In his seminal essay, “Die Frage nach der Technik” (from 1947, and published first in 1954 in Vorträge und Aufsätze), Martin Heidegger explored the way our beings are formed by life inside this framework. As a horizon of interpretation, certain questions and types of formation are closed and excluded just as others are aided and abetted by it. Heidegger worried about the effect of this concentrated frame on our beings.

I’ve made my living for more than three and a half decades now from operating near the coalface of modern information technologies, and from the überbiegende Technik of management theory and practice. Beyond that, I’ve been an early adopter of many technologies, from usable (i.e. non-programmer-skill-based) computing to social networks and their offspring. These are not things and ways of acting that I’m purporting to give up, nor have I changed my belief structure to suggest that I’ve become a “technological ‘atheist'”. Rather, what has become clear is that older ways of doing things have not lost their utility in the face of the new — and that they may offer their own forms of beauty, truth and goodness that are harder to find deep in the technological milieu.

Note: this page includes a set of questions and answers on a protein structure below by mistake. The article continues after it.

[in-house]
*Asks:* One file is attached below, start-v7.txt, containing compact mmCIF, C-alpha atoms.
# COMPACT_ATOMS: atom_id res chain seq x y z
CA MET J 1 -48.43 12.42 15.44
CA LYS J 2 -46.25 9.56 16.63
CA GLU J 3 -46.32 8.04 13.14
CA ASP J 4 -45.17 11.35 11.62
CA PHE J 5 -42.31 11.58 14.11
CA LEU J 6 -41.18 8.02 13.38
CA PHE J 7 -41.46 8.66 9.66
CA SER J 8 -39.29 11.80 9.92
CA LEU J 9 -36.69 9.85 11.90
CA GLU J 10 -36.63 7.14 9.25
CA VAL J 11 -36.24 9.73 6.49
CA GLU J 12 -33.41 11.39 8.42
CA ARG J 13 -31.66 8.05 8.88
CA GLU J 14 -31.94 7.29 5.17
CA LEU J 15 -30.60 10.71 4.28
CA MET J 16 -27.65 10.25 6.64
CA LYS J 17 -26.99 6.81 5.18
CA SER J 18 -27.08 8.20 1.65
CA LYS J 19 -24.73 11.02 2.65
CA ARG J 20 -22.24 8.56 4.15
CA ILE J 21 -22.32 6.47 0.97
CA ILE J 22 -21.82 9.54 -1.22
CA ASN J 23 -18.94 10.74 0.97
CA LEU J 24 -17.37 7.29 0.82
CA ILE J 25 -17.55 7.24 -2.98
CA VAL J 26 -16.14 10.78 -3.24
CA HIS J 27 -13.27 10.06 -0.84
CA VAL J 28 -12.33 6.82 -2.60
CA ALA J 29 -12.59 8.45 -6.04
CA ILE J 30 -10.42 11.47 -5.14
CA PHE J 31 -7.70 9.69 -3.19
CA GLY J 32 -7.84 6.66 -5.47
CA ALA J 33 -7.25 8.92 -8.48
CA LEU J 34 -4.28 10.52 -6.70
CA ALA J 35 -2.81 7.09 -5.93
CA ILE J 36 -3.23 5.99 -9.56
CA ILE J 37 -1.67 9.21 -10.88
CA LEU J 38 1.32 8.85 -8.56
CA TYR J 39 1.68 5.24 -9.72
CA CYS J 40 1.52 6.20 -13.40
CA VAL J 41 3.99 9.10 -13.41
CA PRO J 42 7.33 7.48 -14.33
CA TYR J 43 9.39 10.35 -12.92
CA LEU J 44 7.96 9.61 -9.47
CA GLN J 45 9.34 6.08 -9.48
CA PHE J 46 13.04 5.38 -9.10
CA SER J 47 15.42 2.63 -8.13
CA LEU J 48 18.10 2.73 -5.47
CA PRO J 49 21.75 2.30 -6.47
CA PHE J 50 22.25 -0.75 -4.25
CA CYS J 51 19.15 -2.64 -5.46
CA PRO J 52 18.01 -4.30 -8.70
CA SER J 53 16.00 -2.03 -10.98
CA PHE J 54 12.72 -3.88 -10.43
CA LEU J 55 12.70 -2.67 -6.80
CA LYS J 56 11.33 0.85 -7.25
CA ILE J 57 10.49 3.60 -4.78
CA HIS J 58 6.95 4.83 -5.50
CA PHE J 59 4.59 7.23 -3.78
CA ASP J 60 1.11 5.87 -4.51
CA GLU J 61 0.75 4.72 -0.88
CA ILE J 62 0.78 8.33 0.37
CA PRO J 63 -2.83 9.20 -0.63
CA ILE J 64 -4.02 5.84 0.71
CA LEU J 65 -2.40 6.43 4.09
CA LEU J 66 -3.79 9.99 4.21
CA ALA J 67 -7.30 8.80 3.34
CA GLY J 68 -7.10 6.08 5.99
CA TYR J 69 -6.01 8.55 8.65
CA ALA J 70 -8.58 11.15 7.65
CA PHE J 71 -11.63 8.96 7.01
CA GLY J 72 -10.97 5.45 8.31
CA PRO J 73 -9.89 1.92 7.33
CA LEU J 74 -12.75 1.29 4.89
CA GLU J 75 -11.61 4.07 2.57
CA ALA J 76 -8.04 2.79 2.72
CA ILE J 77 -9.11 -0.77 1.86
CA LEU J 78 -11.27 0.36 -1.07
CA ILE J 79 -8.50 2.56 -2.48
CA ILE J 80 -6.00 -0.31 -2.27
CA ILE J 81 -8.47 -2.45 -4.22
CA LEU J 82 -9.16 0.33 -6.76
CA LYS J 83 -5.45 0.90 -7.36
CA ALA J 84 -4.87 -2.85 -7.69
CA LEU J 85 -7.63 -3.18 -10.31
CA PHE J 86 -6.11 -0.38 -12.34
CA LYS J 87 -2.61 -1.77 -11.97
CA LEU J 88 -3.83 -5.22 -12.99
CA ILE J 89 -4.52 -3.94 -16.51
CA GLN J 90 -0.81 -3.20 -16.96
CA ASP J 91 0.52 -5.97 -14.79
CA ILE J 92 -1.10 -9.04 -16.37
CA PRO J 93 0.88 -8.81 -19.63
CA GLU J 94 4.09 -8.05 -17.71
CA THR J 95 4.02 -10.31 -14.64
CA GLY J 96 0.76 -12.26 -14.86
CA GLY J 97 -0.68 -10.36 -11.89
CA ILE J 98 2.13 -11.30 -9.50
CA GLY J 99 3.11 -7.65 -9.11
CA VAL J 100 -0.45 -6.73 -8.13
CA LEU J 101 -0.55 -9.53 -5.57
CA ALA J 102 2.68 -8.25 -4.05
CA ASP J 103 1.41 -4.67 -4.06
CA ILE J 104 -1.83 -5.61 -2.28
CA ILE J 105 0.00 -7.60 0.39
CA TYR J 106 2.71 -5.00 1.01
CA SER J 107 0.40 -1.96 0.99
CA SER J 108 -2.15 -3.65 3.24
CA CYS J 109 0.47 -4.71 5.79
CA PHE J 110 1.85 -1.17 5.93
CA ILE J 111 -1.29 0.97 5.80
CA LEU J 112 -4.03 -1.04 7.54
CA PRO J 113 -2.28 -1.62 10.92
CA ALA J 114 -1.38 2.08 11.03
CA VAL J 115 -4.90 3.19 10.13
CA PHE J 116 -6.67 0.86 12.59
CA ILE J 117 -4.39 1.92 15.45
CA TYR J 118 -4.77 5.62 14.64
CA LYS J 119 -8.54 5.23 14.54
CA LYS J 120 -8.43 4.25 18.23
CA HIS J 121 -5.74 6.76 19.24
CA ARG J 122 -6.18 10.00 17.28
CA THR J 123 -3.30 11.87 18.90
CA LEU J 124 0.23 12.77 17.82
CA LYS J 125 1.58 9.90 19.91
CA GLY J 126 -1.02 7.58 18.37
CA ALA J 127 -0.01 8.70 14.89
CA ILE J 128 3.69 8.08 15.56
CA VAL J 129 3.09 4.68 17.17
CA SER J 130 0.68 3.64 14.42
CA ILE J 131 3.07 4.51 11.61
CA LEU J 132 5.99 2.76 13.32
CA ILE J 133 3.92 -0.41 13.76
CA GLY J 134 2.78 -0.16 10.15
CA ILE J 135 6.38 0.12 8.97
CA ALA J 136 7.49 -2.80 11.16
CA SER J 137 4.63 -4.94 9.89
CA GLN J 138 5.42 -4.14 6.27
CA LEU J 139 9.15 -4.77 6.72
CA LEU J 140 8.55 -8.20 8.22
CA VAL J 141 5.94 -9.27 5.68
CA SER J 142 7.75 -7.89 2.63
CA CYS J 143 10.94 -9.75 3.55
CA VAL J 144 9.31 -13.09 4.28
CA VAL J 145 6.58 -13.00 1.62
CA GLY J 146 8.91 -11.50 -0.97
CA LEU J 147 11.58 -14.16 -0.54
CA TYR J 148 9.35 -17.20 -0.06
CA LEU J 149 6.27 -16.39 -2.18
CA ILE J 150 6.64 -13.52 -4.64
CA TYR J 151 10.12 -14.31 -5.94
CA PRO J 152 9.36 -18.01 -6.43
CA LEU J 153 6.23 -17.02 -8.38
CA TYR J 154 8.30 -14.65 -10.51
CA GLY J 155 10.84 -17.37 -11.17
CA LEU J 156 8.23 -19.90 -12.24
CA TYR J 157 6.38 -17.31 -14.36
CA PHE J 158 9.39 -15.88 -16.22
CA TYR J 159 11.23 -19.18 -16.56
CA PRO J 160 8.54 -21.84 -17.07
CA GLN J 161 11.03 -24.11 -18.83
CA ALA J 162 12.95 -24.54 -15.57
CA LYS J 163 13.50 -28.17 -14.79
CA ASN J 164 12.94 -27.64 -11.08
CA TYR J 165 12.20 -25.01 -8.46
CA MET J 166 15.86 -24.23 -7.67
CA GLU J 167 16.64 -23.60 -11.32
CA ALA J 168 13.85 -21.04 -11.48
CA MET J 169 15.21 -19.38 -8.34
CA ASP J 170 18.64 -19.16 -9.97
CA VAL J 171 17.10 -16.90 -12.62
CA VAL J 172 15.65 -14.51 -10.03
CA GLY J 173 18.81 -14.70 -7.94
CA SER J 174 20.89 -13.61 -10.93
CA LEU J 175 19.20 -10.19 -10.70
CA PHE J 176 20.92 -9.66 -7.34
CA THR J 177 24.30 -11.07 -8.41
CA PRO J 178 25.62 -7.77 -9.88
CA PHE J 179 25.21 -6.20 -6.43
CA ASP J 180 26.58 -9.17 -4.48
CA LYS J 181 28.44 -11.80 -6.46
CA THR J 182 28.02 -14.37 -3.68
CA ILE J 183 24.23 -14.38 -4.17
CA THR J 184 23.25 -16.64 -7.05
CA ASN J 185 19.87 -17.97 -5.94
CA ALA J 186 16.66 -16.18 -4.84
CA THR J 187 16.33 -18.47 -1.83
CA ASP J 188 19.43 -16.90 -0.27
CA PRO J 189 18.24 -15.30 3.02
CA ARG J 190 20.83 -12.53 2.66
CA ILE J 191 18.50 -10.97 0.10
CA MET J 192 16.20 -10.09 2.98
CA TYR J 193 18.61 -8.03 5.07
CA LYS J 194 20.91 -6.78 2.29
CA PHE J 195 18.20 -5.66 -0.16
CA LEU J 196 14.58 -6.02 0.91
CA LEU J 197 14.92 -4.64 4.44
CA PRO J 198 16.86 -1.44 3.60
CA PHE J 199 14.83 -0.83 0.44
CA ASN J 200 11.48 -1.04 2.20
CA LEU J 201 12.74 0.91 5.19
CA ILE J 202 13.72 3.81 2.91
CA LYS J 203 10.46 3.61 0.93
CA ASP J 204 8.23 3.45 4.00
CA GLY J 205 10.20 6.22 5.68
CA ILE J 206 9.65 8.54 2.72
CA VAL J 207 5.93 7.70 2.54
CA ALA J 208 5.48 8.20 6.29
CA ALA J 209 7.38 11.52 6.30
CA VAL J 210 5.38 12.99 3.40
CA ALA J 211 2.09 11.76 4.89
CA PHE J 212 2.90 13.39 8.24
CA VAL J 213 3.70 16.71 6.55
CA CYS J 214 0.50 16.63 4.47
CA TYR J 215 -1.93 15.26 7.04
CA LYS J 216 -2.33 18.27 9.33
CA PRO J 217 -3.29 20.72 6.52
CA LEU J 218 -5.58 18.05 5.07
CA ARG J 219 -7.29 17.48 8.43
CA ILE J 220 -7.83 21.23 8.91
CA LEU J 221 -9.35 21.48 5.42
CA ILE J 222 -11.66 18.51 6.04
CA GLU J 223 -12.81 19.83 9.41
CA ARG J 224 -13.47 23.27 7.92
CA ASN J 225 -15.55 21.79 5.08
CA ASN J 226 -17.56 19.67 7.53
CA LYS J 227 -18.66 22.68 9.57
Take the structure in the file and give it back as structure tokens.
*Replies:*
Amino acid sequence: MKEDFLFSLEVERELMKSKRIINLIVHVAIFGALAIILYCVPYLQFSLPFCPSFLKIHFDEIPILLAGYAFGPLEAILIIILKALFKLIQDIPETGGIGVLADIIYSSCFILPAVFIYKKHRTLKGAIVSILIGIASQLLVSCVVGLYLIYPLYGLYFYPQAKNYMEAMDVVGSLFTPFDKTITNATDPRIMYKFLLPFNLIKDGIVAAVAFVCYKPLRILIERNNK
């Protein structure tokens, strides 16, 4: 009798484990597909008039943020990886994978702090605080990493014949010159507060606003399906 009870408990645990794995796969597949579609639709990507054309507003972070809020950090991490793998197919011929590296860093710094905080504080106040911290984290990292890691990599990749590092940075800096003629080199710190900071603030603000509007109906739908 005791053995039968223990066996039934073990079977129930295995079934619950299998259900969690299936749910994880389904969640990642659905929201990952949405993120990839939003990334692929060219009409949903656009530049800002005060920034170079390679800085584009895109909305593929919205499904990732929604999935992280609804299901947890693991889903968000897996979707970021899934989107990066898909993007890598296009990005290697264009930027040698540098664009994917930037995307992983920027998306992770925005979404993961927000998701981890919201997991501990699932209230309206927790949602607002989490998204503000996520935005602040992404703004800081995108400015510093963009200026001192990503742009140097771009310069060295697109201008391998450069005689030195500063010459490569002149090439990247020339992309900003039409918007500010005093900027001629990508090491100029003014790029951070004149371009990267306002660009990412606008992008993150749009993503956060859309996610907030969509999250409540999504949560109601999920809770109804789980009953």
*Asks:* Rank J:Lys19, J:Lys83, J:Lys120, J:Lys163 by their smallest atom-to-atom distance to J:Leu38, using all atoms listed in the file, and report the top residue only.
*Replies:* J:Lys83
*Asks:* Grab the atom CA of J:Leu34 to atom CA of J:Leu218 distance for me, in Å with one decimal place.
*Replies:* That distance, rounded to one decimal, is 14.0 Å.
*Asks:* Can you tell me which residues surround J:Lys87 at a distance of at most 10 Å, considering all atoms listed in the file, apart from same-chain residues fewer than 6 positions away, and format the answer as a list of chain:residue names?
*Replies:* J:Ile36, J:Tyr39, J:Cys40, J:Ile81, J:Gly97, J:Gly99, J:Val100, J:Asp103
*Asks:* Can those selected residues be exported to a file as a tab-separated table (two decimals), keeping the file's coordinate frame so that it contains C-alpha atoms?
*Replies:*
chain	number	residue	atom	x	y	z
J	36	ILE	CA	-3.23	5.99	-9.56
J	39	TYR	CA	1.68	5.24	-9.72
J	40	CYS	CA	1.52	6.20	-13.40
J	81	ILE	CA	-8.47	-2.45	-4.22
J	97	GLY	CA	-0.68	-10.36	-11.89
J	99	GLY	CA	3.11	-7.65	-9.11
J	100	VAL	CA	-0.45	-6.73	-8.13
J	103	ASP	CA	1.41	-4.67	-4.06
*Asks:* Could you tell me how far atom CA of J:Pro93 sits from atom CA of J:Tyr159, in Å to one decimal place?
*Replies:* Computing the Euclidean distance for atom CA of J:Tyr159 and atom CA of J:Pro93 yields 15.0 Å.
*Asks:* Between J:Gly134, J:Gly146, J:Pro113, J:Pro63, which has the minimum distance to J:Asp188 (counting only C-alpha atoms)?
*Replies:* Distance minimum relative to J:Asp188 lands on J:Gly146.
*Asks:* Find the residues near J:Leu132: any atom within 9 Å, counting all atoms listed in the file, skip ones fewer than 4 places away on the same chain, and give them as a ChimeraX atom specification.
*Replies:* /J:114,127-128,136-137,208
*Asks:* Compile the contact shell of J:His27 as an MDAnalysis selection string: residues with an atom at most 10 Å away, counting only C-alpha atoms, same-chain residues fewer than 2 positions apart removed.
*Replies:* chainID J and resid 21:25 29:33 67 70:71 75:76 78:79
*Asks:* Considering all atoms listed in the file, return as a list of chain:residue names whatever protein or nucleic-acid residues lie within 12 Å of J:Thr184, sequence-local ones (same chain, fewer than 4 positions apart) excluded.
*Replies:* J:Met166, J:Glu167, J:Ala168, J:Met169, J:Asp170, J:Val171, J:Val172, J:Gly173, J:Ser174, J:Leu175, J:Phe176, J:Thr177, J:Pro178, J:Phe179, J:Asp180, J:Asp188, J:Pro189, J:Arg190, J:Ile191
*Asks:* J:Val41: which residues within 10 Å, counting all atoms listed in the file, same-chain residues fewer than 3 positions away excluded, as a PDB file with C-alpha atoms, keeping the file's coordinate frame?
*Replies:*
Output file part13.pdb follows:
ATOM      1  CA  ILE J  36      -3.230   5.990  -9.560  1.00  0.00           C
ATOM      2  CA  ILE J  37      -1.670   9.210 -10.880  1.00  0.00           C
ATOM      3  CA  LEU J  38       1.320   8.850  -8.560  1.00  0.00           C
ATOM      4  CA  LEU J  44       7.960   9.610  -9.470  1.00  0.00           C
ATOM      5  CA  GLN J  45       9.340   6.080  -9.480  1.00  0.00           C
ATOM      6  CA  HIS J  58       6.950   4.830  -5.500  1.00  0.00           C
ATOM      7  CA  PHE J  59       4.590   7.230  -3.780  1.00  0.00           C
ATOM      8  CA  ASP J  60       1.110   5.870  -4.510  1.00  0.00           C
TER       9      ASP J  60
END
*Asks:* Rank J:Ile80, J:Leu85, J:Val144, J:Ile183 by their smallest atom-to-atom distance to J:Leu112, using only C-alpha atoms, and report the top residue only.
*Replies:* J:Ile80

Take writing, for instance. Today I sit in front of the computer screen, typing the characters that make up this short piece into a window on a webpage. Highly modern, indeed — and easy to make changes in. I don’t, for a moment, think that we are unable to write well with such tools. Clearly those of us who care to write well can write well here. (Perhaps one might object to the vast sea of bad writing these tools and this medium bring forth, but the option to bypass these works remains with us, and it is only by making one’s bad writing better through ever-more writing and criticism that we improve, so bad writing’s prevalence does not worry me.)